Hippokratia 2003, 7(2):51-58
Organ Transplant Unit, Hippokratio General Hospital, Thessaloniki, Greece
In transplantation of utmost importance are the interactions among immunologically active cells capable of responding to and destroying foreign tissues, the immunosuppressive therapy aimed at controlling these cells and certain infectious agents that are modulated by both factors.
Cytomegalovirus acquisition by humans (HCMV) is more common in lower socioeconomic groups. Natural routes of transmission include intrauterine, perinatal, and horizontal in childhood and in the sexually active people. Other routs of transmission are solid organ transplantation, blood transfusion and semen used for in vitro fertilization.
The post-transplant immunocompromised state provides an environment in which HCMV can exert its full pathogenic potential. HCMV disease is a major cause of morbidity and mortality in solid organ transplantation. It is also associated to an increased risk of opportunistic infections, allograft injury and higher transplantation costs. HCMV infection also seems to increase the risk of acute and chronic rejection of the allograft via immune – mediated vascular injury. Recent evidence suggests that influence of HCMV disease on graft survival is apparent only in patients with zero HLA-DR matches and it calls for new prophylaxis treatment and allocation strategies.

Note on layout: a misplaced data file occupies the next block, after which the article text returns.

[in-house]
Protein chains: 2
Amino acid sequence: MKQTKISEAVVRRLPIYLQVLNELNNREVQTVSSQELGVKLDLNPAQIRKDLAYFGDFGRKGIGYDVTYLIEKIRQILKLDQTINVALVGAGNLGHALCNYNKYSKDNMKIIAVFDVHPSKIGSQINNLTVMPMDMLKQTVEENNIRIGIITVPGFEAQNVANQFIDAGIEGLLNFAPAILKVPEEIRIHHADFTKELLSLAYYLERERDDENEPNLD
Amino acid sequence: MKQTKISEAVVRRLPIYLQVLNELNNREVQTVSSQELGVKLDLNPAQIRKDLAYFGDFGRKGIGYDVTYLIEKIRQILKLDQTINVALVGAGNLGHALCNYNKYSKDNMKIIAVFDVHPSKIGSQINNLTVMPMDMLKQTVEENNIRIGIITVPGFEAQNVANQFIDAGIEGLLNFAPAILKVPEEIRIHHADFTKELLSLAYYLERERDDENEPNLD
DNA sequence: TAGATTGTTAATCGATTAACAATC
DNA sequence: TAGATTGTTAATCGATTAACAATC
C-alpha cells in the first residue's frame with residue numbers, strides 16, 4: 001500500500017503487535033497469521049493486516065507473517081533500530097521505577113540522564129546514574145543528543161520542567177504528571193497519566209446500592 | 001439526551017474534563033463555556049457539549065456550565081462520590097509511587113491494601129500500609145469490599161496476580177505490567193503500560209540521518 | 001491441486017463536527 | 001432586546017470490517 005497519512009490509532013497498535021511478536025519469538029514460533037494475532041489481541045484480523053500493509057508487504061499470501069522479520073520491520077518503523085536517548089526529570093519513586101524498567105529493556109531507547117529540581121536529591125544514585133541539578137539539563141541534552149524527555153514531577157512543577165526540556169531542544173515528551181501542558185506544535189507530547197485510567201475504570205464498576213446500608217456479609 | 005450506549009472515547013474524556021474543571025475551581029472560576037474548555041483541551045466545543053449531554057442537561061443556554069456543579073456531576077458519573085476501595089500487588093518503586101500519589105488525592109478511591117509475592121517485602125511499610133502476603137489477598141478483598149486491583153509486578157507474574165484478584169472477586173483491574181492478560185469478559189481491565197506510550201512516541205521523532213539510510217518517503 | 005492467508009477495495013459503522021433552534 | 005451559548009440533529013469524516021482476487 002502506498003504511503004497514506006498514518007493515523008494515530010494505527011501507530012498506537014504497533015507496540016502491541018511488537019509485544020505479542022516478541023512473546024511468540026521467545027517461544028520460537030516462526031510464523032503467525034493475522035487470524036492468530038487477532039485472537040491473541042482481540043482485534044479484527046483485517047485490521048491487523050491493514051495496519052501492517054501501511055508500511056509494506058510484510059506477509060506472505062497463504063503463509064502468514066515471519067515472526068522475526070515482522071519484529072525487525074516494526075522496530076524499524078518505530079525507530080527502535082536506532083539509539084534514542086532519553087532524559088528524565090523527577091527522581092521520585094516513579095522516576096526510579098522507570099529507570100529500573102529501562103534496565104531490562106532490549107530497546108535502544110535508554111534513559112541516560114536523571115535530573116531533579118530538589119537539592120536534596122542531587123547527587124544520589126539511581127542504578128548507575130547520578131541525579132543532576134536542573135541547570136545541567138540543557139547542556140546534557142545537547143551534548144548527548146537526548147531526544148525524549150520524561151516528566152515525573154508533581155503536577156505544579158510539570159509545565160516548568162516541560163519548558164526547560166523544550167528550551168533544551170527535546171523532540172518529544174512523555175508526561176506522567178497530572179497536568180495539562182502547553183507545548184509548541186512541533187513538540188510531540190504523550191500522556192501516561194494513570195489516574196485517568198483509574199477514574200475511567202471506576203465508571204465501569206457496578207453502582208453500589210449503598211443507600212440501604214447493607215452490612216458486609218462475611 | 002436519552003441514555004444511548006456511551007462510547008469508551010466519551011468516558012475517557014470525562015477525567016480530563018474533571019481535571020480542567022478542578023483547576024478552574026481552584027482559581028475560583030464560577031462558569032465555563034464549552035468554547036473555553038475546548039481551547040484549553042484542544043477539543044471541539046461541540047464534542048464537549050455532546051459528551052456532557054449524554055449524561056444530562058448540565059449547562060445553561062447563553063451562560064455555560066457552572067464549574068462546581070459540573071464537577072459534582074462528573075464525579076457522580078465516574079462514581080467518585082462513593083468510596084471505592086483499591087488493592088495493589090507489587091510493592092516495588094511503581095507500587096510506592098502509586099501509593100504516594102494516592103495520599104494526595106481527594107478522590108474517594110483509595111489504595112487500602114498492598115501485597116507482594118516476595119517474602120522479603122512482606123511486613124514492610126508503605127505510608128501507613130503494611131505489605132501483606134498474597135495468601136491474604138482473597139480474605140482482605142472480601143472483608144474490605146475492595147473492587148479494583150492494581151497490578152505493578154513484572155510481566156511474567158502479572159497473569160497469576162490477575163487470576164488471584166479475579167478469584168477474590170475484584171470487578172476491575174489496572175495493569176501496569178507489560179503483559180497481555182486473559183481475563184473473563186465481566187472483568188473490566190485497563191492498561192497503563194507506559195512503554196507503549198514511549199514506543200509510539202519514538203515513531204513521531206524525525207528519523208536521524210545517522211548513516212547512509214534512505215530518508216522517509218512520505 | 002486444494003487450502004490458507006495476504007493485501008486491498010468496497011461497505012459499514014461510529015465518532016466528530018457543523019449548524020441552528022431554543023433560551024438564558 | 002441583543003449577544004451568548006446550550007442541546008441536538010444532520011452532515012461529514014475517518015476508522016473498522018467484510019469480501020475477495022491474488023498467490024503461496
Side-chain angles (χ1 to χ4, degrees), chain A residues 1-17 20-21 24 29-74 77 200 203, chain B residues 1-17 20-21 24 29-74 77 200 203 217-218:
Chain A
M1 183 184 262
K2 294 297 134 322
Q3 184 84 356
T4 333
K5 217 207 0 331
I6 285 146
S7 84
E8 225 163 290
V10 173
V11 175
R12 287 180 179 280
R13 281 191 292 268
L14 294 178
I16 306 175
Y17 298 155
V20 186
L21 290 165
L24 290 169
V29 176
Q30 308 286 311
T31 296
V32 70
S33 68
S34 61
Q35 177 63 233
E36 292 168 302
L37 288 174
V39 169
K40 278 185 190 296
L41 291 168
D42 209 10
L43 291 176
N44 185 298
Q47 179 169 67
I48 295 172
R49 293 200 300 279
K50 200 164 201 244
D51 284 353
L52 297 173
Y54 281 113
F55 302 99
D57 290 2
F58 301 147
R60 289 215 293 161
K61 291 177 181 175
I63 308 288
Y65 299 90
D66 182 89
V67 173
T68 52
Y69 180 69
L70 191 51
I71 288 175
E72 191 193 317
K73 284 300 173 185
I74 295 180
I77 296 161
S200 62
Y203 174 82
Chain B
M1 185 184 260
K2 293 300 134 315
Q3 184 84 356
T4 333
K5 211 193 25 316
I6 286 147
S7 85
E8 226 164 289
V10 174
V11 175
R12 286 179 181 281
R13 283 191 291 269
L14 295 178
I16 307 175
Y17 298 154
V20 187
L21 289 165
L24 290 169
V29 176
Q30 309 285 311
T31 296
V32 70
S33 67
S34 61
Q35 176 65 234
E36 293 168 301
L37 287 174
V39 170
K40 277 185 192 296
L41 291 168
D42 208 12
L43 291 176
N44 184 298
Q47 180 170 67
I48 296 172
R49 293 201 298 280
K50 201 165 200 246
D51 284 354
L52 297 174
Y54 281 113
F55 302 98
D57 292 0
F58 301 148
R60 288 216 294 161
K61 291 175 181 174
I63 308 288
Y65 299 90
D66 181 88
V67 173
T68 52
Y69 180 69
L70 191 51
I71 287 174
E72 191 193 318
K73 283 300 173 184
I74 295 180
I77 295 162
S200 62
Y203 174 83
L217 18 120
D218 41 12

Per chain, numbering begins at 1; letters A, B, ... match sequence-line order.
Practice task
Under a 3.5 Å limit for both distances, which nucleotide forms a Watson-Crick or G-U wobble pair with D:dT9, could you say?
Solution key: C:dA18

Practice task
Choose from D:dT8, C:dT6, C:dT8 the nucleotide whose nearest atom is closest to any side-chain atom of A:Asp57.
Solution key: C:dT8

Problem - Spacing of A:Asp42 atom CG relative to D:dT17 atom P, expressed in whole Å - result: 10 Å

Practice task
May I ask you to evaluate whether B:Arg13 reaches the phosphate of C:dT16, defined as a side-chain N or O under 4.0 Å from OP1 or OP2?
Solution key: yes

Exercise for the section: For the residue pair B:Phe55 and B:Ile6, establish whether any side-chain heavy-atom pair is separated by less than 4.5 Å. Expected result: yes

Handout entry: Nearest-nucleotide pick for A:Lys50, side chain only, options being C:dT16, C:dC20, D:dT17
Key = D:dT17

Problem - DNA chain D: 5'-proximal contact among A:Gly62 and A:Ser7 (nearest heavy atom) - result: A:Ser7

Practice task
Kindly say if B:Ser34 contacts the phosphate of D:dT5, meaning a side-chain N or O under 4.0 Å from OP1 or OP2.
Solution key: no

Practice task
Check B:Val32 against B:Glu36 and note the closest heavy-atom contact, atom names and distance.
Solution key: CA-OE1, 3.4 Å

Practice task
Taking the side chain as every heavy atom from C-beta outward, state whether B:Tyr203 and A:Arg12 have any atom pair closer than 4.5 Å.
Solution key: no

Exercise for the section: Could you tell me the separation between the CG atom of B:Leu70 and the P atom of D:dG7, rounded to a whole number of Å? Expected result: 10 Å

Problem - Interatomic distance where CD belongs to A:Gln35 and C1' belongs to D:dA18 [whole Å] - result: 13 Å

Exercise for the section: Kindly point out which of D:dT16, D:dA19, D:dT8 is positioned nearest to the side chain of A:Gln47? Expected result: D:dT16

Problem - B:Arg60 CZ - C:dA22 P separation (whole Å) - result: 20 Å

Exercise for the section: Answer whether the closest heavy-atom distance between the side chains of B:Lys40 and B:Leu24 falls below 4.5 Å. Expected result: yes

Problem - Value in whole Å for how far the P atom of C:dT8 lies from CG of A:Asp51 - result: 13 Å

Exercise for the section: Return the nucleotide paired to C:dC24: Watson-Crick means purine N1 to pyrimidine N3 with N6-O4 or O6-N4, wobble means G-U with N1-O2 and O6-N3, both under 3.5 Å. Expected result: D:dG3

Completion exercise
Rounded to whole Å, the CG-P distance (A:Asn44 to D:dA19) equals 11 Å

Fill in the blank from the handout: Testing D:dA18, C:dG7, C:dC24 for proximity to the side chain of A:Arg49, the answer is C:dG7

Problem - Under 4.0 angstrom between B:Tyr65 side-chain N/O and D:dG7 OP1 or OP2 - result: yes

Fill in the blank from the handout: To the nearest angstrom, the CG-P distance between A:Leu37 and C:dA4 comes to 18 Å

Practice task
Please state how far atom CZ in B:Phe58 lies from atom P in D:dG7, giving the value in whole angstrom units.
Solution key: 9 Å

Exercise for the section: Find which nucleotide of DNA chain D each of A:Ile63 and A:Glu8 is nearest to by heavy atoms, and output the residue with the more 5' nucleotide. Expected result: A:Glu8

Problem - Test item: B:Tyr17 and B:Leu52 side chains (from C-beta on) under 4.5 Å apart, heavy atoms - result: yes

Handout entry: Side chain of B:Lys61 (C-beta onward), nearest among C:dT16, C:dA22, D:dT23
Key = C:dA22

In solid organ transplantation the term “cytomegalovirus infection” refers to asymptomatic HCMV infection and the term “cytomegalovirus disease” refers to symptomatic HCMV infection. Disease manifestations appear most frequently between the end of the 1st and the end of the 4th month after transplantation and include interstitial pneumonitis, hepatitis, gastrointestinal disease, arthritis, chorioretinitis, leukopenia and pyrexial debilitating illness, whose incidences and relative frequencies vary among transplant groups under consideration. In the absence of antiviral prophylaxis, the risk of symptomatic infection is highest in heart – lung recipients (39 %) and lowest in kidney transplant recipients (8%). As many as 70 – 80 % of kidney transplant recipients may show laboratory evidence of HCMV infection after renal transplantation and a significant number develops tissue invasive disease with considerable morbidity and occasional mortality. Recently it has been suggested that within the first three months after transplantation 20 % to 60 % of the recipients develop HCMV disease, with a mortality rate 1% to 4%. Therefore, prophylaxis with antiviral therapy has been recommended in patients at risk.